It’s Beginning to Look a Lot Less Like Christmas

Retailers, worried about poor economic indicators this year (slumping housing market, higher oil prices), started reminding people to shop for Christmas earlier than usual. But “Christmas censors” and merchants afraid of offending people with a “Merry Christmas” were not to be outdone.

(photo: CNS Photo)

YPSILANTI, Mich. — Jill Carr isn’t trying to offend anyone with her efforts to place a Nativity scene on public land in front of the Ypsilanti Township fire hall.

She just hopes to make Christmas in her community look more like Christmas.

“The Christmas spirit is what it’s about,” said Carr, who is a Pentecostal Christian. “It’s been 20 years since they’ve had anything like that around here.”

But Carr’s plan has been stalled by municipal officials in Ypsilanti, who are worried that such a display could be unconstitutional.

The Nativity scene in Ypsilanti is just one of a number of Christmas-display incidents cited by the Catholic League for Religious and Civil Rights in a Nov. 27 press release.

Others include:

n After the Hollywood Chamber of Commerce dropped sponsorship of the annual “Hollywood Christmas Parade,” the Los Angeles City Council took over and renamed it the “Hollywood Santa Parade.”

n The Department of Housing and Urban Development has censored religious symbols of Christmas from its housing complexes.

n No Christmas decorations are allowed on school buses in parts of Vermont.

n A Jewish public official in Wisconsin is seeking to rename the “State Capitol Holiday Tree” the “Christmas Tree,” but is being opposed by the Freedom From Religion Foundation.

n Chattanooga, Tenn., has banned display of a live Nativity scene.

n Sonoma, Calif.’s City Council has voted against religious displays on the community’s plaza.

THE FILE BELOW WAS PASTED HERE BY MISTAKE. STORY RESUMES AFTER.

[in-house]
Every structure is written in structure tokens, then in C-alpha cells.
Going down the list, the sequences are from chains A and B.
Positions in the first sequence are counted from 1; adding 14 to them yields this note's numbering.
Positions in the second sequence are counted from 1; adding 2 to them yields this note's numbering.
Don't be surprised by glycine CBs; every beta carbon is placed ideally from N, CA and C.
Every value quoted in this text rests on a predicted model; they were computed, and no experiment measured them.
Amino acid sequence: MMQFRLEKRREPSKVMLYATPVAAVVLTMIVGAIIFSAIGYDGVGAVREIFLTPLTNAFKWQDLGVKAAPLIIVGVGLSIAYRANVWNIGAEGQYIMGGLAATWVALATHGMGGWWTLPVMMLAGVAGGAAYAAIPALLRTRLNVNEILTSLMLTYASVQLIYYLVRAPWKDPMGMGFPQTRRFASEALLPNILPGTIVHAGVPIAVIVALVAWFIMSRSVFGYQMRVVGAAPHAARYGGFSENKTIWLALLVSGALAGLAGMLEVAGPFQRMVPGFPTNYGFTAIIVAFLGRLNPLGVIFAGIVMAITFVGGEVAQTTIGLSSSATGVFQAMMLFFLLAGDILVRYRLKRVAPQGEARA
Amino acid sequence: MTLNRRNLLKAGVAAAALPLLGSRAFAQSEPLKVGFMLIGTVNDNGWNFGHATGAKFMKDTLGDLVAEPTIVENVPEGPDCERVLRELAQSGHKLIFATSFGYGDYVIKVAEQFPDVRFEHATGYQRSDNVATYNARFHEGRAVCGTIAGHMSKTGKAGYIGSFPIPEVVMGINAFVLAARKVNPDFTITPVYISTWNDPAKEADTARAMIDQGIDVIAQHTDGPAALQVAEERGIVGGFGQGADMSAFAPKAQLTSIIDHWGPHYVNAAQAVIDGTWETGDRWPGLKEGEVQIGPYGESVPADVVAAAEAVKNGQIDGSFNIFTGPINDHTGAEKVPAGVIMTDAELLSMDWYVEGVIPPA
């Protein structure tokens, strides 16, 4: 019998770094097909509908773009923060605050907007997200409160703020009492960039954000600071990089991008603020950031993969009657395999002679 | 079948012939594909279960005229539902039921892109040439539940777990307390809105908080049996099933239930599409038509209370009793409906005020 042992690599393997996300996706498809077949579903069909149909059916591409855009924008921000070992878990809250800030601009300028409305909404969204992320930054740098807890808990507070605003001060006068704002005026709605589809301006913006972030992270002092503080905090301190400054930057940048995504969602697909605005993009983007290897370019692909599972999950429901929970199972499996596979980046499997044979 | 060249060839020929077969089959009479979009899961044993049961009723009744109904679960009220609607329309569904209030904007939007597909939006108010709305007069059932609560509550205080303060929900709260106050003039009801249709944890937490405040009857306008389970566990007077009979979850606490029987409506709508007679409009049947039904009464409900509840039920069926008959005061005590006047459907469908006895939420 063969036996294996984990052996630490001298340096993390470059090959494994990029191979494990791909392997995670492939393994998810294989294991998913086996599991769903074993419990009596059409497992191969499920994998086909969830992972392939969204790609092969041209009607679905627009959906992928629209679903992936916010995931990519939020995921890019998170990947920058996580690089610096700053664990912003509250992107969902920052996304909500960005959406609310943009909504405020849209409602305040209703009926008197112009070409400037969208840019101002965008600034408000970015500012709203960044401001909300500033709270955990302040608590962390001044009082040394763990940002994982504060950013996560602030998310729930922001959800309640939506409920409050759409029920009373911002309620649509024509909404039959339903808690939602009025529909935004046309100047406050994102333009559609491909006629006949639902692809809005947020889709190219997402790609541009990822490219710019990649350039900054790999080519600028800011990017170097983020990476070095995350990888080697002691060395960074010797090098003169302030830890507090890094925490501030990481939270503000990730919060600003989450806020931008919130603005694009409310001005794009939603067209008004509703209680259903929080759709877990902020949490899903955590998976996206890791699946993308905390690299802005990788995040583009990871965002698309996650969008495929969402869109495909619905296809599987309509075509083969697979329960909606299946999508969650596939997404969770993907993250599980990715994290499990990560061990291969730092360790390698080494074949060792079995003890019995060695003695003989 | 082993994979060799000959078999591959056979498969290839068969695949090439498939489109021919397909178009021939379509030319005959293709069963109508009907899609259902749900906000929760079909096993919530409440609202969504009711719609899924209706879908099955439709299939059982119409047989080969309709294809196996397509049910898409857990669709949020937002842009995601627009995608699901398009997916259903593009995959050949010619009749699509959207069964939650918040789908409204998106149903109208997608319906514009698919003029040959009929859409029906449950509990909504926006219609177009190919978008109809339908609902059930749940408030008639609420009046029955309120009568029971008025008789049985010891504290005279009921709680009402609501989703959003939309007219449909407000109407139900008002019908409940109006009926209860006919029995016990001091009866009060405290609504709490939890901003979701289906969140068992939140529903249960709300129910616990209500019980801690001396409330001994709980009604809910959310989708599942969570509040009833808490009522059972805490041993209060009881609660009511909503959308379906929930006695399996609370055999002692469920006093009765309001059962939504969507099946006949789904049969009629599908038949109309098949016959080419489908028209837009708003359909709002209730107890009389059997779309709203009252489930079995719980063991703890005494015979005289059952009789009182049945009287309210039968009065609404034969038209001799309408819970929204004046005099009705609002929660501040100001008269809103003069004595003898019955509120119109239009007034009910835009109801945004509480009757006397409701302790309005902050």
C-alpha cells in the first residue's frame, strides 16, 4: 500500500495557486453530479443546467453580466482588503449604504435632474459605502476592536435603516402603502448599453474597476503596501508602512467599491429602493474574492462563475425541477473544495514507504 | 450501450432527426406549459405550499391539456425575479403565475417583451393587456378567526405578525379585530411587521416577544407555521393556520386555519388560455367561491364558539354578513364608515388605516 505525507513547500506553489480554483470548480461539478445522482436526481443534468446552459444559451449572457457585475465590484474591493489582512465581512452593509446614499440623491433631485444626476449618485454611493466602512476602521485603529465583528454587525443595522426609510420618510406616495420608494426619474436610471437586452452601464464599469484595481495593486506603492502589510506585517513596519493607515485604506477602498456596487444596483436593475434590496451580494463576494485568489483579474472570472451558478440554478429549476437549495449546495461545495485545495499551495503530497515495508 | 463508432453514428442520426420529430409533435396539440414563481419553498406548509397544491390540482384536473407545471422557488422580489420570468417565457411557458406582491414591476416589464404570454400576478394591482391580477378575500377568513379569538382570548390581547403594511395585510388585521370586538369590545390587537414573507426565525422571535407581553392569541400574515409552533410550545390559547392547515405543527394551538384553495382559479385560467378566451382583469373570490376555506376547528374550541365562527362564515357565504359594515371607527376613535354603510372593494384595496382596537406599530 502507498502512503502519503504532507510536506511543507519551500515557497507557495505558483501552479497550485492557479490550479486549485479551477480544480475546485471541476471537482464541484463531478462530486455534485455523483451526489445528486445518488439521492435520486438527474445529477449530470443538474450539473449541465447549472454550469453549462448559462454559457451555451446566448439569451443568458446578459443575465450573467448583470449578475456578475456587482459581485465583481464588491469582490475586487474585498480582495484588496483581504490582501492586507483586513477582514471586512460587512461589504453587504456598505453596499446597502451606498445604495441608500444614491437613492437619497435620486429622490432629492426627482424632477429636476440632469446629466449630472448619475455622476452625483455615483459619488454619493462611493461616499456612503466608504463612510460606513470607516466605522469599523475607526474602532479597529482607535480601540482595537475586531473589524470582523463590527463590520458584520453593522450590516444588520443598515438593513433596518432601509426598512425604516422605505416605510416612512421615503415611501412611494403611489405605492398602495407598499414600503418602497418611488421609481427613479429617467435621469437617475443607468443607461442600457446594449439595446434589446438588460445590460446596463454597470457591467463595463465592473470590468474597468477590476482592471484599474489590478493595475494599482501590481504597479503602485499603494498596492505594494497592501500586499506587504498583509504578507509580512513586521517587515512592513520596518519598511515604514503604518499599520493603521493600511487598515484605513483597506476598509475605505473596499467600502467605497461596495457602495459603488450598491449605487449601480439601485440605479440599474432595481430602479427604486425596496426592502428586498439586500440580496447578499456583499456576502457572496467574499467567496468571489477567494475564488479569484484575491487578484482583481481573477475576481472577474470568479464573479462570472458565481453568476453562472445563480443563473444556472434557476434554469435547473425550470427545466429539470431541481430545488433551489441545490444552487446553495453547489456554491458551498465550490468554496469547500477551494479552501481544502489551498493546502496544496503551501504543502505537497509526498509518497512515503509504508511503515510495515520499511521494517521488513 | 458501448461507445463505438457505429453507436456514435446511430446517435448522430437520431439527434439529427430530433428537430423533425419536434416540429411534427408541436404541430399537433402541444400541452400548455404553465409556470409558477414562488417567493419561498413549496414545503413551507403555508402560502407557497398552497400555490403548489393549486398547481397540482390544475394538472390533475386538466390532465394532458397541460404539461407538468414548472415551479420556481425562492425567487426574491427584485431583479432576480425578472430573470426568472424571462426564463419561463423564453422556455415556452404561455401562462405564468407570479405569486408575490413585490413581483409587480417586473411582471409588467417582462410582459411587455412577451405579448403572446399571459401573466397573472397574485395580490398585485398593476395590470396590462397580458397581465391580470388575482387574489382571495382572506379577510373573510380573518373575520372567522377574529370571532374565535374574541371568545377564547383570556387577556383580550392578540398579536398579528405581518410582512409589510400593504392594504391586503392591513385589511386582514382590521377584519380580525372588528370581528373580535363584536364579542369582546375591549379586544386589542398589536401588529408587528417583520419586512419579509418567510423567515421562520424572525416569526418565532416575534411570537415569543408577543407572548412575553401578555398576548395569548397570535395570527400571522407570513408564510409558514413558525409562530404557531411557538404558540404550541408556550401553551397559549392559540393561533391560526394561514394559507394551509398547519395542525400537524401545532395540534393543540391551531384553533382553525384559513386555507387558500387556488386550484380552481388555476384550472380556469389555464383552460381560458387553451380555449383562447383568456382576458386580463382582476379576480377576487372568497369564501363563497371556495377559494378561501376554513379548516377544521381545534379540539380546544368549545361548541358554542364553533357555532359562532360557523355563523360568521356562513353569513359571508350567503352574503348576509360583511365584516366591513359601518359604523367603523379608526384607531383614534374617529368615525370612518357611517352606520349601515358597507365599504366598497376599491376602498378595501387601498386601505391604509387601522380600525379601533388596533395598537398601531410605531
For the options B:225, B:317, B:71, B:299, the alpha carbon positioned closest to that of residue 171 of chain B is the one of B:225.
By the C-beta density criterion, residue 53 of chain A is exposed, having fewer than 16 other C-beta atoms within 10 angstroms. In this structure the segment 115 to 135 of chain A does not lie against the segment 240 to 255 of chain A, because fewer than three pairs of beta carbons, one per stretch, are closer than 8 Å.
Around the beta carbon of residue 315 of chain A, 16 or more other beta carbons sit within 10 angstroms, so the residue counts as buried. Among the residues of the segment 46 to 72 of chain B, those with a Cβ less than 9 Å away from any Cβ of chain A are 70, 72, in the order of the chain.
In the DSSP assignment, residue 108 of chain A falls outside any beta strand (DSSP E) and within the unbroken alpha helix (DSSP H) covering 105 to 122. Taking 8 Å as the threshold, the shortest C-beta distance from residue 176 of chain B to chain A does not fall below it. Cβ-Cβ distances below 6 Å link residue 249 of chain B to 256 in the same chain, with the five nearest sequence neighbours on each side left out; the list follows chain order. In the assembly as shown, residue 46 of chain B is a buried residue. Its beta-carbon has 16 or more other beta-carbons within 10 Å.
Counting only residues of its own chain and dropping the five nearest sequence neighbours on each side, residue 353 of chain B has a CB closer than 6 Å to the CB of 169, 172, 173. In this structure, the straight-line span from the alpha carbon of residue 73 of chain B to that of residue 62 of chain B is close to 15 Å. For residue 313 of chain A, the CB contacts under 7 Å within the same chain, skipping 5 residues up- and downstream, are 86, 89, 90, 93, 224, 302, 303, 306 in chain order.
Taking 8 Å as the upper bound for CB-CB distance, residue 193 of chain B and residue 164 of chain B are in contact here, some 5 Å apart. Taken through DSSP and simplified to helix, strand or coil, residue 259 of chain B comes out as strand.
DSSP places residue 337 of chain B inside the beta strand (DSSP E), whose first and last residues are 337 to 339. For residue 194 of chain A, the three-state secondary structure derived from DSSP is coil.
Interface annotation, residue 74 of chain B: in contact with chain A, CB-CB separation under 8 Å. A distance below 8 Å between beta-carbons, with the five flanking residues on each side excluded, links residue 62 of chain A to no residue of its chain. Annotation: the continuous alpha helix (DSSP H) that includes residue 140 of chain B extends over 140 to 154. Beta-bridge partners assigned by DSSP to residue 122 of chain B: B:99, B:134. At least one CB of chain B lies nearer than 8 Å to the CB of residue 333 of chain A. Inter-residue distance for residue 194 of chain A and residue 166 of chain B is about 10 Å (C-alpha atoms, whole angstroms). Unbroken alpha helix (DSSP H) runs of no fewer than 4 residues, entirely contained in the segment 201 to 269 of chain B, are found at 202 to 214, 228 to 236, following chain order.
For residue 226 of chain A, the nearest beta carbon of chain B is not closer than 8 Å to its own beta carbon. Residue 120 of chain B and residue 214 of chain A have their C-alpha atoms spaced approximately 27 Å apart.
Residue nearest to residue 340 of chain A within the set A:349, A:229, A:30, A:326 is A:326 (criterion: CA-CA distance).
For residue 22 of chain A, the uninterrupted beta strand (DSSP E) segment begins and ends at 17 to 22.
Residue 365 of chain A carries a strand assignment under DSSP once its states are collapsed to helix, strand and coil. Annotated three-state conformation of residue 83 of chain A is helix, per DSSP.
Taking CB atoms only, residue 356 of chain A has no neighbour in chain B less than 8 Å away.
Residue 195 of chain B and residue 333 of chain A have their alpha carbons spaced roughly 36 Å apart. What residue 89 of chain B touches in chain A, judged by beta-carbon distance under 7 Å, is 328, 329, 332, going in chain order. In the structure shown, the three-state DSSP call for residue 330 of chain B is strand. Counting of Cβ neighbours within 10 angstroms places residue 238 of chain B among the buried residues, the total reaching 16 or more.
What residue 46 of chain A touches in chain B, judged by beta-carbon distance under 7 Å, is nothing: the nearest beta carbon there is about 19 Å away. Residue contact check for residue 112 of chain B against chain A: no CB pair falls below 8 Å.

n Voters in Berkley, Mich., have banned a crèche at City Hall.

n Fort Collins, Colo., will allow only secular holiday symbols to be displayed inside city buildings.

n No religious symbols are allowed in Seattle-Tacoma Airport, but trees made of cardboard are acceptable.

Said Catholic League President Bill Donohue, “We haven’t hit December yet and already the politically correct police are out in force trying to censor Christmas.”

After her request to display the Nativity scene in Ypsilanti was not approved, Carr contacted the Thomas More Legal Center for help.

The Ann-Arbor, Mich.-based organization, which works to protect the religious freedom of Christians, has supplied information to Ypsilanti officials explaining the Nativity scene can be displayed legally if it also contains non-Christian symbols or has a disclaimer stating it was placed on public land by a private individual, not the local government.

Brian Rooney, an attorney with the legal advocacy group, said there is widespread misunderstanding about the constitutionality of religiously themed Christmas displays in public places.

In reality, Rooney said, the Supreme Court has ruled that they are perfectly acceptable so long as they conform to an “endorsement test.” That test specifies Christmas displays should also contain secular symbols or symbols of other religions in order to avoid suggesting a government endorsement of Christianity.

But Rooney said “left-wing fringe groups” like the ACLU that want to restrict public expressions of religion have confused and intimidated public officials by threatening to file lawsuits if any Christmas-themed displays are approved.

“What we find a lot of times, what we find from these town councilmen and principals is they don’t know the law and they think the ACLU is right, or they become afraid from the letters they receive from the ACLU,” Rooney said. “A lot of our job is educating them to see that the law is on their side, and that we’ll represent them for free.”

The ACLU did not reply to a request for an interview prior to the deadline for this article.


In recent years, some large retailers have also become wary of allowing Christmas references in their holiday marketing campaigns.